2009 Student Research Conference:
22nd Annual Student Research Conference

The Death of Remus: Disillusionment With Brotherhood In Post Civil War Rome
Catherine S. Hayward
Prof. Alex Tetlak and Prof. Martha L. Rose, Faculty Mentors

The confusion and grief of Roman citizens in 30 BCE after suffering civil wars necessitated a unifying touchstone, which was crafted by the writers who revived the myth of Romulus and Remus. This paper aims to describe a single story, using the original Latin, of two Augustan authors: the death of Remus as presented by Livy in Ab Urbe Condita I and Ovid in Fasti. The study breaks up the concept of a single tale and a single view of Augustus. Livy hoped to instill a stoic and patriotic mindset in the population of Rome and continue Italy's domination and expansion throughout the world, while Ovid sought to sympathize with the citizens' distress and inspire a more inward-looking Rome. Augustus is a thinly-disguised Romulus in both cases, but with a markedly different character and agenda in each.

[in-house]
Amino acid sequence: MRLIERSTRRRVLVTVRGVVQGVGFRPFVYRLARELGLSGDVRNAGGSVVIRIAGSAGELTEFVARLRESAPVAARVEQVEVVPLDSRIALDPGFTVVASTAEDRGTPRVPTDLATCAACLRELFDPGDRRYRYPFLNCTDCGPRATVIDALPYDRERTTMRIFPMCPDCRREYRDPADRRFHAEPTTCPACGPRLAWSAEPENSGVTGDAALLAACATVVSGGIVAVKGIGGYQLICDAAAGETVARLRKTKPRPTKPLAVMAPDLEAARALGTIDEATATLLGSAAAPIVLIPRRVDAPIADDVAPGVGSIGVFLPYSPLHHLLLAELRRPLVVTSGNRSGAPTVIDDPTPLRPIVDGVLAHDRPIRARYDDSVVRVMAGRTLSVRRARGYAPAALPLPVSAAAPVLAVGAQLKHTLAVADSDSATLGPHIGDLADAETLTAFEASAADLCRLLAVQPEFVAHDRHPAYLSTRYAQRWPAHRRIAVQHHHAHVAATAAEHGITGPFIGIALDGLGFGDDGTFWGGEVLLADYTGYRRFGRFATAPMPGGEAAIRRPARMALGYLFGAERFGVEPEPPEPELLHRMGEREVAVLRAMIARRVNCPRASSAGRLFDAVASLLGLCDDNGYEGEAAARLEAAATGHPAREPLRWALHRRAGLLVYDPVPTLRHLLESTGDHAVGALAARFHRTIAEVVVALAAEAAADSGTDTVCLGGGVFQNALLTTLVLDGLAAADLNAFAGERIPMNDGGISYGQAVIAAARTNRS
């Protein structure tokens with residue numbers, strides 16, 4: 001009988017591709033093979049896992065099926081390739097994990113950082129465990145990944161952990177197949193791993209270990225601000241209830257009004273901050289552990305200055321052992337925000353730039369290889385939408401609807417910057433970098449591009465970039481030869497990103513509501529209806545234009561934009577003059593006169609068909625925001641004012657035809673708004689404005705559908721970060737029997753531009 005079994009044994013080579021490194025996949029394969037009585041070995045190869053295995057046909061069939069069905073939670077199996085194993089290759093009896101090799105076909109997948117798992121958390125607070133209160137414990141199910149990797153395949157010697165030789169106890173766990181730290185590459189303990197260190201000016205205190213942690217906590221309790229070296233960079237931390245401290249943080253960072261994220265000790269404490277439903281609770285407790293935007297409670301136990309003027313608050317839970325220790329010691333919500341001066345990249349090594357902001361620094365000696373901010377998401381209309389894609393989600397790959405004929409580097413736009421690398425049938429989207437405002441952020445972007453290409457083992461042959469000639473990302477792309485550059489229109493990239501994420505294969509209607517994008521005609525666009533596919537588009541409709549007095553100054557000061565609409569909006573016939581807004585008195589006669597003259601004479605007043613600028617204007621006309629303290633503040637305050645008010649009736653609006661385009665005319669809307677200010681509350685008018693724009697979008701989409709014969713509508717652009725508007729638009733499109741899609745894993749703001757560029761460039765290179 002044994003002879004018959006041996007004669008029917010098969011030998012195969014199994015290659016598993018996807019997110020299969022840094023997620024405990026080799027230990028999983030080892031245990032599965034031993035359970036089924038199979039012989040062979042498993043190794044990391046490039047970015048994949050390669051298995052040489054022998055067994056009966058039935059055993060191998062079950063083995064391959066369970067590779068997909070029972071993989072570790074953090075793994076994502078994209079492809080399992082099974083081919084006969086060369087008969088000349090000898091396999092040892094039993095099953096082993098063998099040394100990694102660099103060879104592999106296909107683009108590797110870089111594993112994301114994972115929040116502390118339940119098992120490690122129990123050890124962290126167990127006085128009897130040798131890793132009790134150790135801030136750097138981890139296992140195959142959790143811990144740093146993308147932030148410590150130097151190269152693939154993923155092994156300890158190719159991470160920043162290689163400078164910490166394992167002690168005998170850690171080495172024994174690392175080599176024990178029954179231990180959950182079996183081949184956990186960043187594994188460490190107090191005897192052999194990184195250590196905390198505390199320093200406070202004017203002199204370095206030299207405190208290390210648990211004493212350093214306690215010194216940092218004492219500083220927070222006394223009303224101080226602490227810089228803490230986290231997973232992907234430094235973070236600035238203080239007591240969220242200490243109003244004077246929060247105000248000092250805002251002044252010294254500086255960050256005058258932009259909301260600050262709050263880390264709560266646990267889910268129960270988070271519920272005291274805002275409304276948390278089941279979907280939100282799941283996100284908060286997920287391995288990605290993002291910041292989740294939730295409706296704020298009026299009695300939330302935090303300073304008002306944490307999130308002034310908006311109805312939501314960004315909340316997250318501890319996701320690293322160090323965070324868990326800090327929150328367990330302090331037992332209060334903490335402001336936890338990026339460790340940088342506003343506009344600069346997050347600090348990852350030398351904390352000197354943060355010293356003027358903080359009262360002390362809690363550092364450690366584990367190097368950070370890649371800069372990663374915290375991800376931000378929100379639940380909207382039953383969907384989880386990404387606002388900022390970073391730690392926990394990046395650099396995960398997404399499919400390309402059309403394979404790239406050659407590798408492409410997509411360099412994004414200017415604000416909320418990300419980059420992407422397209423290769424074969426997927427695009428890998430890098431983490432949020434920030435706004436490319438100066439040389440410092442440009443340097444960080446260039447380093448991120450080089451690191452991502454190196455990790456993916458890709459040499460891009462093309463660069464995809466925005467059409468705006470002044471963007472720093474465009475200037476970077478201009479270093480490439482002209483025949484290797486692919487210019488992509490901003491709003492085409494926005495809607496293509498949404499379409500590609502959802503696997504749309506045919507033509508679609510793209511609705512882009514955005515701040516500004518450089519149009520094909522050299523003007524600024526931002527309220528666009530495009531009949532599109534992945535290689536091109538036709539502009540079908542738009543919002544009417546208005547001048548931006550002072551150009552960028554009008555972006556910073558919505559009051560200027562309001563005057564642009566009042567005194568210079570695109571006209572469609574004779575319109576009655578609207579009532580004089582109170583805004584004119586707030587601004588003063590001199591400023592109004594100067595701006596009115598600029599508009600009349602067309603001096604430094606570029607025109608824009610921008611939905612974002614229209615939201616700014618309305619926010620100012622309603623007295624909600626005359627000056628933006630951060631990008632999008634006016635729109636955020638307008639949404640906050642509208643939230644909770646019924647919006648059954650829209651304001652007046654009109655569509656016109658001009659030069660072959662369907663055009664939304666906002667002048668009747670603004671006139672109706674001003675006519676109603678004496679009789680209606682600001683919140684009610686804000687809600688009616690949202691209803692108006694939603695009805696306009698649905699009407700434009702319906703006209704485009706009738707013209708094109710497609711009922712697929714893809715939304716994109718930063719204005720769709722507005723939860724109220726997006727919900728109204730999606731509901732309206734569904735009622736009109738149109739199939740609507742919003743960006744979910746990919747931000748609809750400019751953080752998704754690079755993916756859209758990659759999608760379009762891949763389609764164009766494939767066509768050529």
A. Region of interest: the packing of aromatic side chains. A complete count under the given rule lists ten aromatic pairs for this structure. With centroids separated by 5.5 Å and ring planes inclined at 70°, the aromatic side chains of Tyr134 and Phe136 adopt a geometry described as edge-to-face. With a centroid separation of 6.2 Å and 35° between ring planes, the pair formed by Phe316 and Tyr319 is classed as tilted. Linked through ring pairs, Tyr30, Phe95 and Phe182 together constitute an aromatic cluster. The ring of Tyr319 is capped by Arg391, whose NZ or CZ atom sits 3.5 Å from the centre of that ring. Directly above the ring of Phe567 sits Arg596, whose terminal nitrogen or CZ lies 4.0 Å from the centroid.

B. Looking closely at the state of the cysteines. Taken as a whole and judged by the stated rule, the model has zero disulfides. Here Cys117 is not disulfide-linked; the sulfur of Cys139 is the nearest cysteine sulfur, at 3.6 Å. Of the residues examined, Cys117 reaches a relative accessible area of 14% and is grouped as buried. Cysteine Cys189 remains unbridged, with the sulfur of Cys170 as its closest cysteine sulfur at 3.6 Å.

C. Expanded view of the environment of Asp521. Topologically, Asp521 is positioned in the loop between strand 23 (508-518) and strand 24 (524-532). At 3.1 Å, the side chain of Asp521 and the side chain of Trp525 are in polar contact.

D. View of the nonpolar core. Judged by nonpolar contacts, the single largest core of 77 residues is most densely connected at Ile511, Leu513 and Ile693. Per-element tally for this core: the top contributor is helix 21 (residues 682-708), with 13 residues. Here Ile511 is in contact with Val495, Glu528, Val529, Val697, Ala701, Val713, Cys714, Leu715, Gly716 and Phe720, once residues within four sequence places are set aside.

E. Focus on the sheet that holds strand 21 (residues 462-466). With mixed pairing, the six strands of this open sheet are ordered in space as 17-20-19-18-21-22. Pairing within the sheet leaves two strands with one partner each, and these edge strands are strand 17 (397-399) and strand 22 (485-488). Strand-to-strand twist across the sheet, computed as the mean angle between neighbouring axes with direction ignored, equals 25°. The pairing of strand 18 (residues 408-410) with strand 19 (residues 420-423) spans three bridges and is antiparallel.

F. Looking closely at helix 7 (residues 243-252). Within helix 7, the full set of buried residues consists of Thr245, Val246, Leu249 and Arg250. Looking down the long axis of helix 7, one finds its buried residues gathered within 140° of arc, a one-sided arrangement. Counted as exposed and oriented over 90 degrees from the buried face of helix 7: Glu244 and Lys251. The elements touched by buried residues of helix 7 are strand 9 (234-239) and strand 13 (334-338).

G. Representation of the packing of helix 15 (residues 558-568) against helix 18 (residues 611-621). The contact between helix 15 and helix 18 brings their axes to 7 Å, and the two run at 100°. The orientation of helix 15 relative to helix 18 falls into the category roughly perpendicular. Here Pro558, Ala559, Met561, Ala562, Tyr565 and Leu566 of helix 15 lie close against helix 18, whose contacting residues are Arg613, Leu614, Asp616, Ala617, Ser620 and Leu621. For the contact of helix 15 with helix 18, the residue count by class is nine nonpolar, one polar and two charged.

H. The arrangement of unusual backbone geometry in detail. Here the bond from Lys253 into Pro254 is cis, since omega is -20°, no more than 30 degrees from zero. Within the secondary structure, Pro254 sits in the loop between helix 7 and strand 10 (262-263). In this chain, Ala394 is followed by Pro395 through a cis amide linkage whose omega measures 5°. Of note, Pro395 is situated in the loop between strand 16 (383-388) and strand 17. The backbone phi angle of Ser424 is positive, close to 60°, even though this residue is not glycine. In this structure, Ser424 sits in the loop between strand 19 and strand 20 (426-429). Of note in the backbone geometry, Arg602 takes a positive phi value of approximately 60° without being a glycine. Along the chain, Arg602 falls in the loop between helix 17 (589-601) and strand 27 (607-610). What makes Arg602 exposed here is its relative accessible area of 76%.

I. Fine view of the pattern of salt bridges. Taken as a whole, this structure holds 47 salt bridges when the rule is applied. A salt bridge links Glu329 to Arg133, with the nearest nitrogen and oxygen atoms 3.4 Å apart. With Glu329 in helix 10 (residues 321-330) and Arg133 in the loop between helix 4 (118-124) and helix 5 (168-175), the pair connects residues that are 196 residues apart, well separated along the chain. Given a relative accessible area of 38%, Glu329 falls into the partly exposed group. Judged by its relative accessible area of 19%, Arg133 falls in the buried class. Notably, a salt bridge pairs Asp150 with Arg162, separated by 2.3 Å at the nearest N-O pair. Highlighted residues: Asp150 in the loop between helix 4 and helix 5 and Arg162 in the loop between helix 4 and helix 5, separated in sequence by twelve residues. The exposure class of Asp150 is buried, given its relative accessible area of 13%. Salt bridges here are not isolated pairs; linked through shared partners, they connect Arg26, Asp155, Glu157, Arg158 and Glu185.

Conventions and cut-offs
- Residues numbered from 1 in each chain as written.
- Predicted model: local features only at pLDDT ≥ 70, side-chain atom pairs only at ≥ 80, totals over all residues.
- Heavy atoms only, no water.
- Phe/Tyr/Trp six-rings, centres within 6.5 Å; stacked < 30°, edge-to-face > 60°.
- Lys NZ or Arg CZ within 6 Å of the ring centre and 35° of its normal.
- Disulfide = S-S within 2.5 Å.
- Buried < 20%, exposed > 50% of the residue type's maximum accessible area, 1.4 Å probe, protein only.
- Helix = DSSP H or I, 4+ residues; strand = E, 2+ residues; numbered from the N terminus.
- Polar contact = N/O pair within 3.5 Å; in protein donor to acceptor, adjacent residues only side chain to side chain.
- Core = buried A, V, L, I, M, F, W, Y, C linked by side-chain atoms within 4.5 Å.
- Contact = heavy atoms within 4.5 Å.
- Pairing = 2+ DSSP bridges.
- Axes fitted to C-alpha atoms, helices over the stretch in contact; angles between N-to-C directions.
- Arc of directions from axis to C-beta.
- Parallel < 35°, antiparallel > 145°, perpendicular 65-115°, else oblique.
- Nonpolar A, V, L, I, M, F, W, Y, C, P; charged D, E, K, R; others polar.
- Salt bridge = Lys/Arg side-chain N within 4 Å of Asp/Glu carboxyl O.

Keywords: Romulus, Rome, Livy, Ovid, Brotherhood


Presentation Type: Oral Paper

Session: 17-1
Location: OP 2115
Time: 9:45

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